So, what does this all mean for the 2022 midterm elections? Of the 18 major national polls conducted in November 2021, 10 showed the public preferred the Democratic party to control Congress, or said they would vote for the Democratic candidate for Congress, and eight sided with the Republicans. 

But all politics is local. The likely outcome in a Senate that is now evenly divided is difficult to predict. The Republicans control 20 seats up for election, the Democrats 14. Ten of the Democratic seats are considered safe, one leans Democratic, and three are rated as toss-ups. Fifteen Republican seats are considered solidly Republican, two are leaning, and three are toss-ups.

It is in the House where the Republicans have a definite electoral edge.  

Elections to the House have become less and less competitive over the years. In 1997, there were 164 swing seats in the run-up to the 1998 Congressional elections, a swing seat being a district where one party or the other had a five-percentage point or less advantage in the polls. Going into the 2021 elections, there are 78 such swing districts. So, incumbents have an advantage. And by December 2021, 19 Democrats have announced retirement, but only 12 Republicans.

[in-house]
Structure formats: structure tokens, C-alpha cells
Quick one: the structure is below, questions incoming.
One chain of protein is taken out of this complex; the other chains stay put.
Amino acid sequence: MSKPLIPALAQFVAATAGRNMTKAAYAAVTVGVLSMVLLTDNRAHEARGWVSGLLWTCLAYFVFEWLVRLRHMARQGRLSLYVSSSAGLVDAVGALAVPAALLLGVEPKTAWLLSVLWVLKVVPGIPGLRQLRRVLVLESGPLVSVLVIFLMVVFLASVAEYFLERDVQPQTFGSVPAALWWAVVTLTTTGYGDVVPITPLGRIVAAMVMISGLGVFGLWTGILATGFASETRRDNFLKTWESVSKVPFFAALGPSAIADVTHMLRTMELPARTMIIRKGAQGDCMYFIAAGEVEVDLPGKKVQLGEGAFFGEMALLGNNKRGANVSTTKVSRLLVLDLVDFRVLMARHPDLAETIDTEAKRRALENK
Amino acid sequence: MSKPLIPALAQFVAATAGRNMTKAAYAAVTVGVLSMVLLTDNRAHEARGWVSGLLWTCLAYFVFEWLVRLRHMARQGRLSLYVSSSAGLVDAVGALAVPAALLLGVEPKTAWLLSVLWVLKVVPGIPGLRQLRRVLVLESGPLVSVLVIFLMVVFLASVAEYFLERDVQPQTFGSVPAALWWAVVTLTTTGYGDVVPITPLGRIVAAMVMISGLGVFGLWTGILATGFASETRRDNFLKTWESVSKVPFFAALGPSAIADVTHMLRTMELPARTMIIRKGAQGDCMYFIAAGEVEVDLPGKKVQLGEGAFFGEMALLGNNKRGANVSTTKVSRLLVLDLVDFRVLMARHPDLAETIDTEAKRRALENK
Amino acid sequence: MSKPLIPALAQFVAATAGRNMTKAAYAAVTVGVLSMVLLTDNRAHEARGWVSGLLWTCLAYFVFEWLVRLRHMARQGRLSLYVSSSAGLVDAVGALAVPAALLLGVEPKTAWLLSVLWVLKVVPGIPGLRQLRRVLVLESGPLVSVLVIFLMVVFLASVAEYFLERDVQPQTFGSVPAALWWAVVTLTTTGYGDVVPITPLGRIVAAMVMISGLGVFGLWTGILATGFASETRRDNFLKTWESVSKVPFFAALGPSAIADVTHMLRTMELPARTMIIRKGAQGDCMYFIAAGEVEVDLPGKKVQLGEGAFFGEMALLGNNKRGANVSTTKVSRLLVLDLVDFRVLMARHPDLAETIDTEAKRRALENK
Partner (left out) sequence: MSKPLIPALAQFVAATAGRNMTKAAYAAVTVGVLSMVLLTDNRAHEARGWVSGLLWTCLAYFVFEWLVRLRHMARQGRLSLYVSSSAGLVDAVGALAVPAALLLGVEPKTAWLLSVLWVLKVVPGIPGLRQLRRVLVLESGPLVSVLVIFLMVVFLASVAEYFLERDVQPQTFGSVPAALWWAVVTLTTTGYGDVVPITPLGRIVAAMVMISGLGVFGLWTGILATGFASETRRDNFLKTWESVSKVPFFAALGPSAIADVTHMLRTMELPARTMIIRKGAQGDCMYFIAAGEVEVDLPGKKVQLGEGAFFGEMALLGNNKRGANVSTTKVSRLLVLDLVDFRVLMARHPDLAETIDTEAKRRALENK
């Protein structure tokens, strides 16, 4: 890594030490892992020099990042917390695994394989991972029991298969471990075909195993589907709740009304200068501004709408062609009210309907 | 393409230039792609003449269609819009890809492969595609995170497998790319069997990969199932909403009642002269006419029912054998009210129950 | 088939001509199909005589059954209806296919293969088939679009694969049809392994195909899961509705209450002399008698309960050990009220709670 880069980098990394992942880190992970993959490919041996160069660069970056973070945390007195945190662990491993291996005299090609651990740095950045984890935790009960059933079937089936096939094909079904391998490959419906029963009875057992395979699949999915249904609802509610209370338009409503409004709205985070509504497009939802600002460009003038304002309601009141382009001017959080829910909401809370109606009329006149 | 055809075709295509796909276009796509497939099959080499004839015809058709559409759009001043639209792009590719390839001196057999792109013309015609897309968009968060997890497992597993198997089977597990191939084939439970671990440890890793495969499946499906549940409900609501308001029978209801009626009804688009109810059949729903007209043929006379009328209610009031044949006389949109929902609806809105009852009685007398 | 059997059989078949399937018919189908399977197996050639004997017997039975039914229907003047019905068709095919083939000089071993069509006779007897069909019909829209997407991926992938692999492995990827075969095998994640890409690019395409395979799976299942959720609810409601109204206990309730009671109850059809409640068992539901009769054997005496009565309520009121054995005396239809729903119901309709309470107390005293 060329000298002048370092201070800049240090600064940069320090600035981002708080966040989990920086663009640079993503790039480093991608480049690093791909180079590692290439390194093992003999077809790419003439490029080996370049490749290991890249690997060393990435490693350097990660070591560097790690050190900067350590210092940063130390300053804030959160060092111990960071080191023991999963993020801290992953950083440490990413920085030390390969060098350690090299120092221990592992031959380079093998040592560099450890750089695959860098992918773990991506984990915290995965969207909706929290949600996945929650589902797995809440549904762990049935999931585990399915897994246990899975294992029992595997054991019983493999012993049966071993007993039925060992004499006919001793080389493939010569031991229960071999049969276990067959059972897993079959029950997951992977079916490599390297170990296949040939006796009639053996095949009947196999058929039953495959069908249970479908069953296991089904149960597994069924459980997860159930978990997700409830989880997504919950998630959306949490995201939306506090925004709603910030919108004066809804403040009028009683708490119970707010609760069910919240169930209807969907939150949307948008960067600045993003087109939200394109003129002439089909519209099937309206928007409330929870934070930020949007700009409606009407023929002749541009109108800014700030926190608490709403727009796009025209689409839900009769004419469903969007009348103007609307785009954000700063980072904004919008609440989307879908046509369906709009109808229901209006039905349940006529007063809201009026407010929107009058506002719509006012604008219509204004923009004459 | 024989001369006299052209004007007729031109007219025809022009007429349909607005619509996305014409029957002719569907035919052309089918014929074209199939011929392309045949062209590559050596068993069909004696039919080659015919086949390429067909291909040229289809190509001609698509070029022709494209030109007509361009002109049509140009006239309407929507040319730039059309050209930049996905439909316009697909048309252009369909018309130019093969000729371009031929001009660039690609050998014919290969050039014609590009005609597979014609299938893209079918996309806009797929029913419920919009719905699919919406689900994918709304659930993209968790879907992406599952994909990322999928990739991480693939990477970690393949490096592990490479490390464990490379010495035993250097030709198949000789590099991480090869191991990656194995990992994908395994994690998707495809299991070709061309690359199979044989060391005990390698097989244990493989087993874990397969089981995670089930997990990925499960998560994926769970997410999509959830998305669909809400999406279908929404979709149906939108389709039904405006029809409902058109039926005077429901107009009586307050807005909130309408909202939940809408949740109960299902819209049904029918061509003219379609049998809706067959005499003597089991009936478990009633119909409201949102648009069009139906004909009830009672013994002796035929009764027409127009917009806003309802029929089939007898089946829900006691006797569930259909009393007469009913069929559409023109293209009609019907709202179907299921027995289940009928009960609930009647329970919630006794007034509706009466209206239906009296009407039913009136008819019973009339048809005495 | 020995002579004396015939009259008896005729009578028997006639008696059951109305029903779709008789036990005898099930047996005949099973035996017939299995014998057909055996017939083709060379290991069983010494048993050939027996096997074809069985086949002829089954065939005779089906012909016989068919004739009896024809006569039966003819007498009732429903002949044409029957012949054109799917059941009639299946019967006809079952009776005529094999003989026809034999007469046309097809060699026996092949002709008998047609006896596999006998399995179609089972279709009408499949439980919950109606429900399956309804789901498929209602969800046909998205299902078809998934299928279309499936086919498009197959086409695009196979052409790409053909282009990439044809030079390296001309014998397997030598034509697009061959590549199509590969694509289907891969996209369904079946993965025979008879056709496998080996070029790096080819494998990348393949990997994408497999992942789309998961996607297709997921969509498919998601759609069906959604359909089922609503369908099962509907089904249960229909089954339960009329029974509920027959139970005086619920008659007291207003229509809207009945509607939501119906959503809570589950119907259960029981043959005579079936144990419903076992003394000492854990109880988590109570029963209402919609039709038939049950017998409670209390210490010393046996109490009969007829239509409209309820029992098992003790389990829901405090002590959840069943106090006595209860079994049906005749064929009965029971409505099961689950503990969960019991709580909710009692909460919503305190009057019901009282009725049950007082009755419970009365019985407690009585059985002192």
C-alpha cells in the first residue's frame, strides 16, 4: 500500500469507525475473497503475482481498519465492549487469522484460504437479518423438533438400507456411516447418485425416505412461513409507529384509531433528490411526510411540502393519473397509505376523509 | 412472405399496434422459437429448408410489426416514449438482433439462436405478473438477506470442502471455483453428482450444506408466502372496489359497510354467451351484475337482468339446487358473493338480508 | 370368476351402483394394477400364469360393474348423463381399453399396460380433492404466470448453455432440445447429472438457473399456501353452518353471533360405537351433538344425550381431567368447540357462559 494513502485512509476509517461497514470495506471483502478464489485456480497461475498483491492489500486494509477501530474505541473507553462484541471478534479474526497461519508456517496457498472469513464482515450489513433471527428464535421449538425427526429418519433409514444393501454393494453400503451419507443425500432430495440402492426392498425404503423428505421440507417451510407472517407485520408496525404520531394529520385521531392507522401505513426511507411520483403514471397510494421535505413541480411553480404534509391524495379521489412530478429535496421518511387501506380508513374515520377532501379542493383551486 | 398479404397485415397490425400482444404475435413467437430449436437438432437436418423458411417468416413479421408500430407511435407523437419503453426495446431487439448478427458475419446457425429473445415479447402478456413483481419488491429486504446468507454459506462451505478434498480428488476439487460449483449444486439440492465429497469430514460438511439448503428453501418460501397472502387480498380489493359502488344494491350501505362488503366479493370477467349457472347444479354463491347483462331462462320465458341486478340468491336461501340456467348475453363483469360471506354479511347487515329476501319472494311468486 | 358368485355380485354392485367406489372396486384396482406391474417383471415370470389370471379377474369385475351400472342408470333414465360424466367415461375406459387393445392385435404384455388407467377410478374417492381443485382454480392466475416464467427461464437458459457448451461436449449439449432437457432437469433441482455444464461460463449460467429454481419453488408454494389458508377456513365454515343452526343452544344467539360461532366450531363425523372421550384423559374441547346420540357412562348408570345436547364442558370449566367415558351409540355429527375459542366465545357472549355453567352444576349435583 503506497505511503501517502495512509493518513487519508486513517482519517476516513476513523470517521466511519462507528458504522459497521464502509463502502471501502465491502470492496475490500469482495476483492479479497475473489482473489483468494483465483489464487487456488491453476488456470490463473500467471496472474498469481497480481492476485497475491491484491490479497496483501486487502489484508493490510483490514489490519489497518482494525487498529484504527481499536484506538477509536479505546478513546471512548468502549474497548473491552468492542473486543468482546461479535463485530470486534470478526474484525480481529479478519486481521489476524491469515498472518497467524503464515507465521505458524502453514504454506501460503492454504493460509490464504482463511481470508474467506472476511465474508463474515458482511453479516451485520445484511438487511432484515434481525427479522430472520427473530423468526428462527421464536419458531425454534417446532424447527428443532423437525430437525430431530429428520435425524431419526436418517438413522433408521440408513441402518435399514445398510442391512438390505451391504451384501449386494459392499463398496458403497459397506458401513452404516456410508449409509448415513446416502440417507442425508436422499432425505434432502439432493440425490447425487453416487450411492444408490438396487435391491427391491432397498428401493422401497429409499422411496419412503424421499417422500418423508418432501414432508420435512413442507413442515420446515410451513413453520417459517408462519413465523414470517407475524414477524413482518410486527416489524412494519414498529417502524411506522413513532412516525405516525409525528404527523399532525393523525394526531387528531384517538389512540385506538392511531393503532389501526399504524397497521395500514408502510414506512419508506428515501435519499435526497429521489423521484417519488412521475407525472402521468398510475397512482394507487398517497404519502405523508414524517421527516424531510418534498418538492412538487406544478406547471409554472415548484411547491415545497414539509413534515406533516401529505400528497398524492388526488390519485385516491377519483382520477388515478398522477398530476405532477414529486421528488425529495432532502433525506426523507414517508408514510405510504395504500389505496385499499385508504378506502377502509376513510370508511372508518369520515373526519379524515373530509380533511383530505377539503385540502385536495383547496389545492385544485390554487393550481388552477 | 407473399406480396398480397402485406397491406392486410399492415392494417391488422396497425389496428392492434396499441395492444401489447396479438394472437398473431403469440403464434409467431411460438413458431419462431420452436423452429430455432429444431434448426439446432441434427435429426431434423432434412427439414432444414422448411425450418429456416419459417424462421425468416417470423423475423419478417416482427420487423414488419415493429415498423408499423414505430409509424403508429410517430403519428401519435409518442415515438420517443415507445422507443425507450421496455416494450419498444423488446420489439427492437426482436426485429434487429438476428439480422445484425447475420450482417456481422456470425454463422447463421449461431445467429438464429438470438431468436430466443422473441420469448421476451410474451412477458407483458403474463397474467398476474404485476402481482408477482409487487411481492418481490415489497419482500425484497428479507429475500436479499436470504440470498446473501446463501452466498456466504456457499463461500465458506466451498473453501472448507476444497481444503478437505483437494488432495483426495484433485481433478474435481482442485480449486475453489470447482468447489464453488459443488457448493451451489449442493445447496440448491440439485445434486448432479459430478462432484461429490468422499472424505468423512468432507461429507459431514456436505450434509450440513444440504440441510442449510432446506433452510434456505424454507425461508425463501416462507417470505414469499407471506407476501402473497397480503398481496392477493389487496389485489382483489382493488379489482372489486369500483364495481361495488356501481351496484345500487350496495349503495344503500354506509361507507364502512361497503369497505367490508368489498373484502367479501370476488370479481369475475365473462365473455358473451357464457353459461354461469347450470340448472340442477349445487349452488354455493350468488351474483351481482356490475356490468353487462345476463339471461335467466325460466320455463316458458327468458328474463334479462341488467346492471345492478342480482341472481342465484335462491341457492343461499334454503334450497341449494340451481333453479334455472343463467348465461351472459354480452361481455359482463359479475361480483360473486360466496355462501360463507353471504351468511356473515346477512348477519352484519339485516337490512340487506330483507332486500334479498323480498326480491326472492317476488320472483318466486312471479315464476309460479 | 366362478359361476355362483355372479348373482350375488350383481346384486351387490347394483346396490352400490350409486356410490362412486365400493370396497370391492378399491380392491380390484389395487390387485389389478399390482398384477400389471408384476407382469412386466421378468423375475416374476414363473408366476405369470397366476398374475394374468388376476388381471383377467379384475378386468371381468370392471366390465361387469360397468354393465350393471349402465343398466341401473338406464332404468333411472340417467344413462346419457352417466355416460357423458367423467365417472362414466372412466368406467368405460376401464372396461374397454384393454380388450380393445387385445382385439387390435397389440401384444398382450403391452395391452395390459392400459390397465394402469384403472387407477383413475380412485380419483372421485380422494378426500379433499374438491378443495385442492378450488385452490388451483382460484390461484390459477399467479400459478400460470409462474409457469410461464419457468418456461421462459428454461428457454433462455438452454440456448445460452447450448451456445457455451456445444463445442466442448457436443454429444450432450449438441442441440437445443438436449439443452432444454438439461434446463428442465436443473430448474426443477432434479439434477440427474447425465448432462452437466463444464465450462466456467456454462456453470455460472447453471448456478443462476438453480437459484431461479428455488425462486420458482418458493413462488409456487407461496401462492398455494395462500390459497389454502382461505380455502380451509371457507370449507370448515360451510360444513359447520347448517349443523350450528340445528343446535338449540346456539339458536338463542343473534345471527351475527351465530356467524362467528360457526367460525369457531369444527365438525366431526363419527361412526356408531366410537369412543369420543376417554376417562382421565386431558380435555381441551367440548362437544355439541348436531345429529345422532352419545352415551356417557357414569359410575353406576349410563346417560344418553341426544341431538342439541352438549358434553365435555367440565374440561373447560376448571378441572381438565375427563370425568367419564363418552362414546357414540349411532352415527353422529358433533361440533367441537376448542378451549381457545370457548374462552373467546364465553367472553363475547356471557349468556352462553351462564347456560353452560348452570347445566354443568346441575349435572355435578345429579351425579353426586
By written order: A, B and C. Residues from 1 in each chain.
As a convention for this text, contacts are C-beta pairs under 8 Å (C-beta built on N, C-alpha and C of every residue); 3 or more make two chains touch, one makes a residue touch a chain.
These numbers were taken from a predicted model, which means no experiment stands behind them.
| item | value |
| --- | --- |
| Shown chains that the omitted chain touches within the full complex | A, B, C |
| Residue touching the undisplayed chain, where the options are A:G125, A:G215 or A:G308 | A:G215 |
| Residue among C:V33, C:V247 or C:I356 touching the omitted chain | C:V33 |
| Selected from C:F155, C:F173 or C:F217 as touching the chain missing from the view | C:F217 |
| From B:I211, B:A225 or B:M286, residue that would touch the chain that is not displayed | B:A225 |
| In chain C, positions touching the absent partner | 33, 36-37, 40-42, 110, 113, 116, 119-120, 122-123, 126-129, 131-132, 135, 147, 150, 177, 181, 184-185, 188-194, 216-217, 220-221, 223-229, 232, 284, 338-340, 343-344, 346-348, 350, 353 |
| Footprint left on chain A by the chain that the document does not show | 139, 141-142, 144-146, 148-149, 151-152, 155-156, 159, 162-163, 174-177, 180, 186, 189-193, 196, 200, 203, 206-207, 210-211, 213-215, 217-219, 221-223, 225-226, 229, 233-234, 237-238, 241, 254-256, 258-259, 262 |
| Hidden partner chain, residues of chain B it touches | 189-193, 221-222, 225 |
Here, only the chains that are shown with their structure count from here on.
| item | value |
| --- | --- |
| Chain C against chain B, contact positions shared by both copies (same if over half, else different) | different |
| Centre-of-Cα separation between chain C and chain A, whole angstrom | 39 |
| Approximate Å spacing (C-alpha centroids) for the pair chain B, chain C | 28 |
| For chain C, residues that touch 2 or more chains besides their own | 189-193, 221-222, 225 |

And this comes before the redrawing of Congressional maps. Every 10 years, district boundaries are redrawn as some constituencies lose population and others grow. This process is called gerrymandering, named after Massachusetts governor Elbridge Gerry, who in 1812 drew oddly shaped districts to preserve his party’s control of his state’s Senate. Today, aided by data on voters that was unavailable two centuries ago—what magazines people read, what TV shows they watch, where they shop—gerrymandering has become an artform capable of drawing district boundaries that stretch like an amoeba across the landscape, separating neighbor from neighbor, concentrating party voters into safe electoral districts.